OSHKOSH, Wis. (WFRV) – Someone from Wisconsin found a way to measure the universe.
A playwright found a way to tell that story – science galore – in human terms.
That’s worth doing up big, which University of Wisconsin-Oshkosh Theatre does in its production of Lauren Gunderson’s “Silent Sky.”
The “show” takes up the entire sweeping stage of the Theatre Arts Center, including the front lip. The stage floor is a map of the sky. Features of early 20th-century architecture speak in the framework of a building, spiral staircase and all.
Women in the cast are dressed as in the day – somewhat confined. Women of the day were often confined with what they could do with their gifts. The costuming subtly tells that.
Much is laid out physically and visually for the student cast to step into to tell a remarkable story. And the cast is “on” with the skilled guidance of director Merlaine Angwall, now emeritus.
Side factor: UW-Oshkosh Theatre has a tradition of dramaturgy – fleshing out a production – with informational displays in the theater building. For “Silent Sky,” four insets in the two side hallways include the play synopsis along with background on the science of the era and Henrietta Leavitt and her colleagues at the Harvard Observatory. In the lobby is another display with a telescope and a skyscape as a clear-plastic globe.
The performance moves in sure strides, though a Scottish brogue for one of the characters is avoided.
As Henrietta Leavitt, Ali Basham presents an effervescent personality swept into discoveries to be found in the sky by way of painfully methodical means.
Around Henrietta are Annie Cannon (Alyssa Wodack) and Williamina Fleming (Sydney Pomrening), part of the flinty “computer” team of women at the observatory; Peter Shaw (Jordan Whitrock), the women’s keeper in their scientific toils and Henrietta’s glimmer of a love life; and, back home, Margaret Leavitt (Bree Gens), Henrietta’s duty-bound sister.
Ancillary elements abound that the players flesh out carefully.
+ Family. Henrietta has sacrificed hers for pursuit of science, leaving Margaret to hold the fort in caring for their father, a minister.
+ Emergent women’s rights. Annie is an eager suffragette, righteously and energetically delivered. Williamina is around to give Peter what-for for a freight car full of male missteps.
+ Philosophy. Henrietta and Margaret are different in their views of what “heaven” means. Margaret’s has a God; Henrietta’s has stars, endless stars. Henrietta waxes about humankind’s exact place as she asks, “Where are we?” “In Wisconsin,” Margaret says. Frustrated, Henrietta huffs and specifies her question in what she means: “In the universe.” To Margaret, that’s simply, “Still Wisconsin.”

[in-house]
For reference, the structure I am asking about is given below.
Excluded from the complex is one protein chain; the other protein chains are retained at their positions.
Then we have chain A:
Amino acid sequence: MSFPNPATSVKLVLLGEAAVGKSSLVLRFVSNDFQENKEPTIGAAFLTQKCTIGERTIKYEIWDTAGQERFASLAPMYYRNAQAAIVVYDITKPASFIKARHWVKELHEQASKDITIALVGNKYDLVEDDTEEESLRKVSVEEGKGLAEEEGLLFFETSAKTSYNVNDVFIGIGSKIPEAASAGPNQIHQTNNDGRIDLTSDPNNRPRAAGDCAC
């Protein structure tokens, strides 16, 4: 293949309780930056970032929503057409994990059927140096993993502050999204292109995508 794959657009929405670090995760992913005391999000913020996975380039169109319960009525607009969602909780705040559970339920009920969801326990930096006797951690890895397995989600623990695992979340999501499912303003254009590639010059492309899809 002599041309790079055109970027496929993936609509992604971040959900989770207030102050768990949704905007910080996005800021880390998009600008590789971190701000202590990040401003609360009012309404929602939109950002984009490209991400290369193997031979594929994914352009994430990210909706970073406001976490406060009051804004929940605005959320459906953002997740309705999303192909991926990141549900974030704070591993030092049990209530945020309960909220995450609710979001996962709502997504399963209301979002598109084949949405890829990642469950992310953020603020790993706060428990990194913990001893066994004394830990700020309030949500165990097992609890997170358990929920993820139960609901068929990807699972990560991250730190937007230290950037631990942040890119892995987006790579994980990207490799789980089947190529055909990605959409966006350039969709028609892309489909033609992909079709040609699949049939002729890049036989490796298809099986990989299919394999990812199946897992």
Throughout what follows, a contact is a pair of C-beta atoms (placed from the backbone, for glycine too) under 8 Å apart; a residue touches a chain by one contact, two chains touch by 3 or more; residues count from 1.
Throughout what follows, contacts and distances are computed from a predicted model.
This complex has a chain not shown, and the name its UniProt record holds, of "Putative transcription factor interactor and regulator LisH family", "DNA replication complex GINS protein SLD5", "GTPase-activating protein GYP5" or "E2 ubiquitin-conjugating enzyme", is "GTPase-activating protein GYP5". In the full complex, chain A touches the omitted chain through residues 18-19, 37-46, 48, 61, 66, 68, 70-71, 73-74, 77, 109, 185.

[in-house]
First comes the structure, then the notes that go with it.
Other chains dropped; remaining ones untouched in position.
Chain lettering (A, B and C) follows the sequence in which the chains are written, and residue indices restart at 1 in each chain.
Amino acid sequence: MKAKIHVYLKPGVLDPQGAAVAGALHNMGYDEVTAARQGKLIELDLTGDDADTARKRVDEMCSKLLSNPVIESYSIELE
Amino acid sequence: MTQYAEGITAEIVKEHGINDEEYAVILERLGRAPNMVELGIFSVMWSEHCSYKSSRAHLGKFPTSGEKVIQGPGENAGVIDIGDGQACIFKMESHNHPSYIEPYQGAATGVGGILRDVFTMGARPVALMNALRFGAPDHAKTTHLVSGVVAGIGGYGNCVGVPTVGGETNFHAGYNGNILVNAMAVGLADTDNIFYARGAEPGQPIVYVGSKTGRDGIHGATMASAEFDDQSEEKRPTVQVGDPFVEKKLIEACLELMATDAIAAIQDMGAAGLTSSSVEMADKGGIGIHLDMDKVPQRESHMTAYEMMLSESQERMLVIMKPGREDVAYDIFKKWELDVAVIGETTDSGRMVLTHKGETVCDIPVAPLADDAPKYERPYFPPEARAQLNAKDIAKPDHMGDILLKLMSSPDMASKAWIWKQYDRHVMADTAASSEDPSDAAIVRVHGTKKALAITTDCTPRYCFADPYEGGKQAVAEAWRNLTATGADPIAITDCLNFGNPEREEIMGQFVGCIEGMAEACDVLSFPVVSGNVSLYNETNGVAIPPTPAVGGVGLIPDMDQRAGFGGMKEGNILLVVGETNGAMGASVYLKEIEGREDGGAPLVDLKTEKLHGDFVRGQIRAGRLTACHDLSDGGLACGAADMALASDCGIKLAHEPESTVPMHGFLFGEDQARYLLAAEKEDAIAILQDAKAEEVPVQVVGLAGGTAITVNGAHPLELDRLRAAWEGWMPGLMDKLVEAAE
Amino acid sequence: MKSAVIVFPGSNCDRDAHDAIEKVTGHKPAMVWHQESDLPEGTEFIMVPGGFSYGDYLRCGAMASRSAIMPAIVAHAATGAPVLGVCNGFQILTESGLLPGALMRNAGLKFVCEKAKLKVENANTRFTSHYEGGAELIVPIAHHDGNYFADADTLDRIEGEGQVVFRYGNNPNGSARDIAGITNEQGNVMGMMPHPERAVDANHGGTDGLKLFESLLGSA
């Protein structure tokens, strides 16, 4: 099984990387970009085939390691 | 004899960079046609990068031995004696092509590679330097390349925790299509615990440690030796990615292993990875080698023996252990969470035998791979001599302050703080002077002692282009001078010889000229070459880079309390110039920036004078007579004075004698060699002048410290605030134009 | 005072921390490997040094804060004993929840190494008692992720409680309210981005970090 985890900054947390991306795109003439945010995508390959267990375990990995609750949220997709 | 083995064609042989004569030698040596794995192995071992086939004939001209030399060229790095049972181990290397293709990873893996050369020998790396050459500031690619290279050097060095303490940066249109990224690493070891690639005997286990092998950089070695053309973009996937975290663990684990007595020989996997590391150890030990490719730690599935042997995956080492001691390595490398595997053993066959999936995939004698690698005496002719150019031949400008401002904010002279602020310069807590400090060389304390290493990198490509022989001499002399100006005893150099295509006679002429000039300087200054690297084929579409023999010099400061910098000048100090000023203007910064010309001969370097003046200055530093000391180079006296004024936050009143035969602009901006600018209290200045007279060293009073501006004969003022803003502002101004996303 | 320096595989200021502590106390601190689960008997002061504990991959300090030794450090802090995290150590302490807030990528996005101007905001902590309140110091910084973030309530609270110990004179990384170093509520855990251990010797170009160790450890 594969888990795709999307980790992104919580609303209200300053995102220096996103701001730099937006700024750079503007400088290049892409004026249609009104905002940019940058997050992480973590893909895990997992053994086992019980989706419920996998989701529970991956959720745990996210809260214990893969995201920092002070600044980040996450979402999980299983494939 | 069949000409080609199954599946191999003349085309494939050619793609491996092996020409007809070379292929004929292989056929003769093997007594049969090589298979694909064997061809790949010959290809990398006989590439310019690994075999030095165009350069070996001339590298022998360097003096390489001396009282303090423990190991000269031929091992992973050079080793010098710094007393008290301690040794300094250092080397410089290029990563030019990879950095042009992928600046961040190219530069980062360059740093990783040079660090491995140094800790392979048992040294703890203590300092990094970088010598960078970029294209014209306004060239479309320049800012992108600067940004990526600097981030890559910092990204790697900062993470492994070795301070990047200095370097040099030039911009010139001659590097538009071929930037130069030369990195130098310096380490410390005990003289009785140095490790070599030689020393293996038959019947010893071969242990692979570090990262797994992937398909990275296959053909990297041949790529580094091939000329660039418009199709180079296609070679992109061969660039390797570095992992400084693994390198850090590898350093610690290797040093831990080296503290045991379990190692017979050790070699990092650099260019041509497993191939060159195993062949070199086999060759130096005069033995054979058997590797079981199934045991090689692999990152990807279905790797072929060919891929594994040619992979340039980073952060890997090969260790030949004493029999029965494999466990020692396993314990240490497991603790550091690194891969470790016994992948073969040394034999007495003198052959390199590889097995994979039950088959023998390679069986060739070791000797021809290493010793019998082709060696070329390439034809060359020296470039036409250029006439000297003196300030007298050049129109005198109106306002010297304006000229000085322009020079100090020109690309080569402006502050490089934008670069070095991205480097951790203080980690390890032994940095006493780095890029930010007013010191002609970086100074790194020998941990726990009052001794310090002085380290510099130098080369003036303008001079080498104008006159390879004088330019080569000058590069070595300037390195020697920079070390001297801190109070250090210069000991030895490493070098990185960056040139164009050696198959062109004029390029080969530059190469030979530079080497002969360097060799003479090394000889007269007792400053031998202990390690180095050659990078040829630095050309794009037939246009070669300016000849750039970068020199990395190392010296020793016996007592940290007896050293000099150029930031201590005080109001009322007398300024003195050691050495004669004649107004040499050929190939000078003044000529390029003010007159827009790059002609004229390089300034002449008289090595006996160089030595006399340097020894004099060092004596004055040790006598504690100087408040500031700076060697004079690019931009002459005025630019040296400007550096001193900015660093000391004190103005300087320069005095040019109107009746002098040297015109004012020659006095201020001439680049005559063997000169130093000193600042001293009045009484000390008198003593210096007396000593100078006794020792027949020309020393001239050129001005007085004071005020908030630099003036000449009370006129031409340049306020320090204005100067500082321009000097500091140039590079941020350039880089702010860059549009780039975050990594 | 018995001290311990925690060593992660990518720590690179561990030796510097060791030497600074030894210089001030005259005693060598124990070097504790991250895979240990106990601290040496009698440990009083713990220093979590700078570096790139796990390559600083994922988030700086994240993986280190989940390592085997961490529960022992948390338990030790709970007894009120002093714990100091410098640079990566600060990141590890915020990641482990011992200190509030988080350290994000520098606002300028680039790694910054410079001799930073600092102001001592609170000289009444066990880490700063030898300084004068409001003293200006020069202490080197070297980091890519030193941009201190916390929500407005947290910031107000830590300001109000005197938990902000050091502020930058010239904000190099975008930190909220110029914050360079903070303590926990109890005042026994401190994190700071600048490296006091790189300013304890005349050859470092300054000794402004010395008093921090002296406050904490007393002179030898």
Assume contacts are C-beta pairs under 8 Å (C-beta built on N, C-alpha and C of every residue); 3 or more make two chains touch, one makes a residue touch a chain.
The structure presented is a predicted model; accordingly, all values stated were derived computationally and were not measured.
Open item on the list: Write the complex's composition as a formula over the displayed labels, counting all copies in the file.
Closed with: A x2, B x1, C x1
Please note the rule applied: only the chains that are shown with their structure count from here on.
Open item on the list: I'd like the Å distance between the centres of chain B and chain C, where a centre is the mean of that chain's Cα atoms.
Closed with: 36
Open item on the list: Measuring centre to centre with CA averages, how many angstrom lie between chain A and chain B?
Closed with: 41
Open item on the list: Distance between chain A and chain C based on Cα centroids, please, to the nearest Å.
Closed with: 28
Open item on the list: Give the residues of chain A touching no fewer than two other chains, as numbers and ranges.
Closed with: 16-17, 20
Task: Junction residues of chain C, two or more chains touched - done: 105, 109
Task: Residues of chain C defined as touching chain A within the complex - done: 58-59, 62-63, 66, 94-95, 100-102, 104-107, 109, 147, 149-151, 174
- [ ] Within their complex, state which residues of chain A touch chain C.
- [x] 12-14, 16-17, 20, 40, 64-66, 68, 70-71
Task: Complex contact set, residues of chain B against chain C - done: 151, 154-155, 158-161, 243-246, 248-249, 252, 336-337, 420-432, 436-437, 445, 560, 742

+ Music. The beloved hymn “For the Beauty of the Earth” is woven into the fabric of the play, as a song to sing and as to be heard in segues. Margaret also performs one of her compositions on piano. Music leads to Henrietta’s ah-ha! moment – mathematics, the universe and music having structure.
+ Science. There’s a lot. Phraseology of astronomy pops up regularly as the “computer” women and Peter speak of the work at hand and its relationship to Albert Einstein’s new Theory of Relativity along with leading astronomers’ theories. The name Hubble is quite familiar today.
+ Academia. The play is snippy about the barriers that kept the women “computers,” the doers, in their place and the male academicians distant.
+ Human attraction. The Peter-Henrietta magnetism adds entertainment value. As Peter, Jordan Whitrock plays up bungling shyness as Peter tries to catch the attention of ever-busy Henrietta. The budding relationship takes many a nervous year – for the author to keep Peter in the picture as a connection to the heart and head (wrong-headed in Peter’s case).
The cast has a lot to work with, and the players’ interest with the many facets of the play is a presence. As Henrietta, Ali Basham fuels the dynamics.
This is the fifth production I’ve seen of “Silent Sky” in Northeastern Wisconsin – all different, all imaginative and all engaging. Each actor portraying Henrietta has been luminous, inspired by the specialness of what Henrietta did and how Lauren Gunderson brings that out.
Running time: One hour, 38 minutes
Remaining performances: 7:30 p.m. March 11-12 and 2 p.m. March 13
Creative: Playwright – Lauren Gunderson; director – Merlaine Angwell; costume designer – Zane Kealey; lighting and sound design – Mark Spitzer; scenic design – Scott Wirtz-Olsen; technical director – Mark Spitzer; production stage manager – Kyle Klein; production assistant stage manager – Aaron Stone; props – Leeann Hershey
Henrietta Leavitt – Ali Basham
Margaret Leavitt – Bree Gens
Peter Shaw – Jordan Whitrock
Annie Cannon – Alyssa Wodack
Williamina Fleming – Sydney Pomrening
NEXT: “She Kills Monsters” by Qui Nguyen, April 28-30, May 6-8.
THE VENUE: The 498-seat Theatre Arts Center, formerly Fredric March Theatre, includes a traditional proscenium (flat front stage) that’s 40 feet wide by 16 feet high. Built in 1971, the theater is located in the heart of the University of Wisconsin-Oshkosh campus. The exterior features a 1970s era UW campus architectural style that embraces cement, in this case the cement reminiscent of geometric trees supporting a flat roof on the glass-enclosed entry and lobby. The interior features honeycombed red-brick walls and a slightly arcing seating area with no center aisle, with a general impression of closeness to the stage, which is especially wide. Leg room is abundant. The acoustics are crisp for the spoken voice in plays.